Learning More about Photovoice: A Brief Annotated Bibliography

Categories: Action Research, Creative Methods, Data Analysis, Other

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We are kicking off a three-month focus on data analysis, starting with Analyzing Words, Pictures, and Numbers in July. This month we will have the opportunity to learn new ideas and practical skills from Mentors in Residence Stephen Gorard, Jean Breny, and Shannon McMorrow. Find the unfolding series through this link.

Wondering more about Photovoice research?  How to do it? What kinds of projects work best?  And, most importantly, where to start??

Photovoice for Social Justice
 Use the code MSPACE20 for a 20% discount.

If you are seeking a method that allows for the voices and lived experiences of your research participants to be fully expressed, Photovoice might be for you!  Grounded in Freirian methods of allowing for critical consciousness, feminist and critical theory to open up the space for emancipation and liberation, and an action-orientation for using findings to create change; Photovoice is the whole package for social justice and social action!

The annotated bibliography below includes selected works to show the breadth and reach photovoice research can give you and we hope that somewhere within there, and beyond in the thousands of other articles on Photovoice, you find your place to start.

McMorrow, S., & Saksena, J. (2017). Voices and Views of Congolese Refugee Women: A Qualitative Exploration to Inform Health Promotion and Reduce Inequities. Health Education & Behavior44(5), 769–780. https://doi.org/10.1177/1090198117726572

In 2016, the largest proportion of refugees to the United States came from the Democratic Republic of Congo. This presents the opportunity to explore health needs as Congolese refugees resettle in the United States, with women taking priority due to health disparities linked to gender-based discrimination, trauma, sexual and gender-based violence, lower literacy rates, and less access to learning English. Therefore, to better understand perceptions and experiences of Congolese women in Indianapolis related to health and health care, a research study was conducted in collaboration with a refugee resettlement agency utilizing Photovoice and semistructured interviews. Selected photos, photo stories, and interview transcripts were analyzed using ethnographic content analysis. Major themes were health care system issues, social support, and daily experiences of health. Findings provide needed insight into the sociocultural context of health for Congolese refugees in the United States for both health educators and resettlement agencies. Findings also revealed specific priority areas for culturally tailoring health education and assets on which to build when promoting health for this population.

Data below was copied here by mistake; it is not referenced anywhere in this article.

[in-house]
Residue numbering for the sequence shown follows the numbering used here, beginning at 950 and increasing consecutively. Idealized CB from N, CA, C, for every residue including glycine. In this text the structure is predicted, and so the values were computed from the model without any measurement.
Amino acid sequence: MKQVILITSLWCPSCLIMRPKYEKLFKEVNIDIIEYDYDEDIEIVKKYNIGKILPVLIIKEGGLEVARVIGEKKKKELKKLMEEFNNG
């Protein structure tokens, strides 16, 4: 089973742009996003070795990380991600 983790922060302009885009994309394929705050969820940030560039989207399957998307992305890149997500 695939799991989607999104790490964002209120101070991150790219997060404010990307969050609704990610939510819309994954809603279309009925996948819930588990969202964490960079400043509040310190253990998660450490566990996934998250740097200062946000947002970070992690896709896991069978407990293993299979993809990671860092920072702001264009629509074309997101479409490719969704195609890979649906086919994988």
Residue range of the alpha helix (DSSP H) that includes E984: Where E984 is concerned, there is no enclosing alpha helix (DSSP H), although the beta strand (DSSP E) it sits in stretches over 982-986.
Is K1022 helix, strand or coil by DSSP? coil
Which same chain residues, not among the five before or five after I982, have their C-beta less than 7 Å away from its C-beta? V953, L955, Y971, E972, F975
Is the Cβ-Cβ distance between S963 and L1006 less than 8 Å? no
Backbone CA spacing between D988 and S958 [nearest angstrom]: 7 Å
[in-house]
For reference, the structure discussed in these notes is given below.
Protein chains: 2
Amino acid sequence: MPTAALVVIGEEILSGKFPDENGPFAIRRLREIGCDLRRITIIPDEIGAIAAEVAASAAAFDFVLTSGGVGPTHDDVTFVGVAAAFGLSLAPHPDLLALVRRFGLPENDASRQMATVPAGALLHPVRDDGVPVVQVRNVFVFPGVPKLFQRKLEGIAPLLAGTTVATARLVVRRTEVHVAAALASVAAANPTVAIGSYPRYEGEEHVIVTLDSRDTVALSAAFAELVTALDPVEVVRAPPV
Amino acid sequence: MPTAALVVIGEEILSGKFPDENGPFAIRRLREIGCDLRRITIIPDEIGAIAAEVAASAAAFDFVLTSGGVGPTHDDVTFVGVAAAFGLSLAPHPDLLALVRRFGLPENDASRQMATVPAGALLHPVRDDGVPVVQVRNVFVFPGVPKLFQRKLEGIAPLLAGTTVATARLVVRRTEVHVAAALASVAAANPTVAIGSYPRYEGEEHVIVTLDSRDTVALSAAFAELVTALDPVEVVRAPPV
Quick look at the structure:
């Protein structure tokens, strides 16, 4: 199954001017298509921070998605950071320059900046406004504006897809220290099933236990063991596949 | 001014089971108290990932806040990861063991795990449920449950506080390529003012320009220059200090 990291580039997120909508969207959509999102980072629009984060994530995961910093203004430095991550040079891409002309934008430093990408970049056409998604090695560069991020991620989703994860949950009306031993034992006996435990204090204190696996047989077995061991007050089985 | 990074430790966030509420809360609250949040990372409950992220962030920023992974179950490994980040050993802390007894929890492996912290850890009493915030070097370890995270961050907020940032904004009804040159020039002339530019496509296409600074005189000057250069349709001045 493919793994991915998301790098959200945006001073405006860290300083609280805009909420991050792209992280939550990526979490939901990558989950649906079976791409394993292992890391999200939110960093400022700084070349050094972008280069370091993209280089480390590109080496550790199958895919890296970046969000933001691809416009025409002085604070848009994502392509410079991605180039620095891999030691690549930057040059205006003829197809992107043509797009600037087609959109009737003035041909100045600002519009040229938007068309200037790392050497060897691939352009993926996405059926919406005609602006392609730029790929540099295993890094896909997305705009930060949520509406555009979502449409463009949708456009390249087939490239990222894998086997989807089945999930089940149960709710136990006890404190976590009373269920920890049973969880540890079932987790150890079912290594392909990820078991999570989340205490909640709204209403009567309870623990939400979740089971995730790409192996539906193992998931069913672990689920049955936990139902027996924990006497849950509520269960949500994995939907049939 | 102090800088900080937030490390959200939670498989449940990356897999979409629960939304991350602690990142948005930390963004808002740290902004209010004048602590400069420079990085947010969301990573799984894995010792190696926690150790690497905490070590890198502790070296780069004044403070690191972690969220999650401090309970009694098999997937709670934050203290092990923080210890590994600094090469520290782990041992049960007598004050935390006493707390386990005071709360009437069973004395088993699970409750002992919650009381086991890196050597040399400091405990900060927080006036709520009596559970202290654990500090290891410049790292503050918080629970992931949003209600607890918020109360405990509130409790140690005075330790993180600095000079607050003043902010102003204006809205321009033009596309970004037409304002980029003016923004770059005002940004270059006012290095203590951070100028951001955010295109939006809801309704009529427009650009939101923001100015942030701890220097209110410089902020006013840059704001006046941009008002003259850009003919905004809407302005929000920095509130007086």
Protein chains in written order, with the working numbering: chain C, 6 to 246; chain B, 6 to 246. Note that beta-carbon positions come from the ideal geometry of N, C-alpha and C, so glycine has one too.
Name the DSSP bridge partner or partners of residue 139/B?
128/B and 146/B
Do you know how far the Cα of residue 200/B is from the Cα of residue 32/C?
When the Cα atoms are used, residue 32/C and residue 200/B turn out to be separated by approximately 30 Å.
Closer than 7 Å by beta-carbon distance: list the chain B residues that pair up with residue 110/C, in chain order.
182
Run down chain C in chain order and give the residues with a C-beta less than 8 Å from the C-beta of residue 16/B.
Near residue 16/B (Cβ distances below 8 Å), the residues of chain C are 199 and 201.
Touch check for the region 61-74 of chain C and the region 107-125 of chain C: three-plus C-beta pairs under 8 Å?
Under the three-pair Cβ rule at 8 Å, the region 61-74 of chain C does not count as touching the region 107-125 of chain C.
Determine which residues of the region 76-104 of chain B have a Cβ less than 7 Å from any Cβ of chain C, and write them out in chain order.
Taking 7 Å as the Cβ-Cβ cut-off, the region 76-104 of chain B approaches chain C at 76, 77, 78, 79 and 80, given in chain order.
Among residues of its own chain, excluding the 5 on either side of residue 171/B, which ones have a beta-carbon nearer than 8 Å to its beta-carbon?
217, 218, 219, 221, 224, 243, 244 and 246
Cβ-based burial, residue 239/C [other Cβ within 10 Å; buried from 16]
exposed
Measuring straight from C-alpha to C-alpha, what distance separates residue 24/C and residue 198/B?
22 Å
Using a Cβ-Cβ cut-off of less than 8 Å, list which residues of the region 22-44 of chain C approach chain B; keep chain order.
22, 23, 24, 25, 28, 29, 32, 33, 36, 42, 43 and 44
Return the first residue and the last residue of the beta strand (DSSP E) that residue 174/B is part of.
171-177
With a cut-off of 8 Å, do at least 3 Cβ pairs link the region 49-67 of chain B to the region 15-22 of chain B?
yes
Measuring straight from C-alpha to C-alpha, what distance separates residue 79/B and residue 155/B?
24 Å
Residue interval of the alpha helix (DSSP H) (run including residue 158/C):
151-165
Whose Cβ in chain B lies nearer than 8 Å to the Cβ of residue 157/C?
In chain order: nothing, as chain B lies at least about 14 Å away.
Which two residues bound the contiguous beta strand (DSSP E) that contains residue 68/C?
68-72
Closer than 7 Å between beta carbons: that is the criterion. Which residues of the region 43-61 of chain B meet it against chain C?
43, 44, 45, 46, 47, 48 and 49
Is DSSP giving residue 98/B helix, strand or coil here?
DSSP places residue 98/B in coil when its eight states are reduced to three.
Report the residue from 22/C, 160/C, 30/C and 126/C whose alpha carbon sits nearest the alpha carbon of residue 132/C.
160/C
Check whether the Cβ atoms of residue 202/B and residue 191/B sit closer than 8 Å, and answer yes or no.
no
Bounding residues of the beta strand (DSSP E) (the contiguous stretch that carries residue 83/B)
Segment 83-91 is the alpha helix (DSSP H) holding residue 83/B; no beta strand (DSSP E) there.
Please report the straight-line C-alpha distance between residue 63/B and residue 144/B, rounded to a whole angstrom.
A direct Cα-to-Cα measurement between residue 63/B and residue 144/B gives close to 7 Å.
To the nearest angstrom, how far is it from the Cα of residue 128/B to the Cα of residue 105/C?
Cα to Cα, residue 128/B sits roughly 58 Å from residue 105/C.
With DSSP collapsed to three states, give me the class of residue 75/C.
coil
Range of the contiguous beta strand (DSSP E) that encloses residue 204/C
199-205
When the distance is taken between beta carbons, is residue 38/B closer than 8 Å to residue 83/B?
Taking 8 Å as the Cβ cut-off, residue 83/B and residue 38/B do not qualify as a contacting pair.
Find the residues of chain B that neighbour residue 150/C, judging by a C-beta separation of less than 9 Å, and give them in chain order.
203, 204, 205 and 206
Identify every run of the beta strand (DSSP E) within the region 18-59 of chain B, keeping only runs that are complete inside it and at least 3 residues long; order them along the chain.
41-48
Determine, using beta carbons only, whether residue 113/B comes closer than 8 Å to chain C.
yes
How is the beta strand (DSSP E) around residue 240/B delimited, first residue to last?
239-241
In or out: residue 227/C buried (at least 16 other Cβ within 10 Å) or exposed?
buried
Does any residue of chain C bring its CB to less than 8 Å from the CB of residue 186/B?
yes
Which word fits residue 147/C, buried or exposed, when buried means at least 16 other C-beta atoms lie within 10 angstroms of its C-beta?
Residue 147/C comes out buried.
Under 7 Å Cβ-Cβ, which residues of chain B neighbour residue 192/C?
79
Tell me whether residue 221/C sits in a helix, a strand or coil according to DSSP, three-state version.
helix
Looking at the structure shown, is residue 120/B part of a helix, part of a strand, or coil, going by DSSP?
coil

Here is one example of a photo and the woman’s description of how it relates to her life, from this article:

Hospital

That is the hospital. It is not happy. . . . They have a beautiful building, but that doesn’t mean everything’s going right. I am going to tell you what happen to me, my own example. We will make an appointment and the day of the appointment. . . . I will be there at the time and they say, “Oops, today there is no interpreter. Why don’t you make another appointment and come?” . . . I want to see the doctor, but I have to go. They don’t hear me, they don’t care about me.”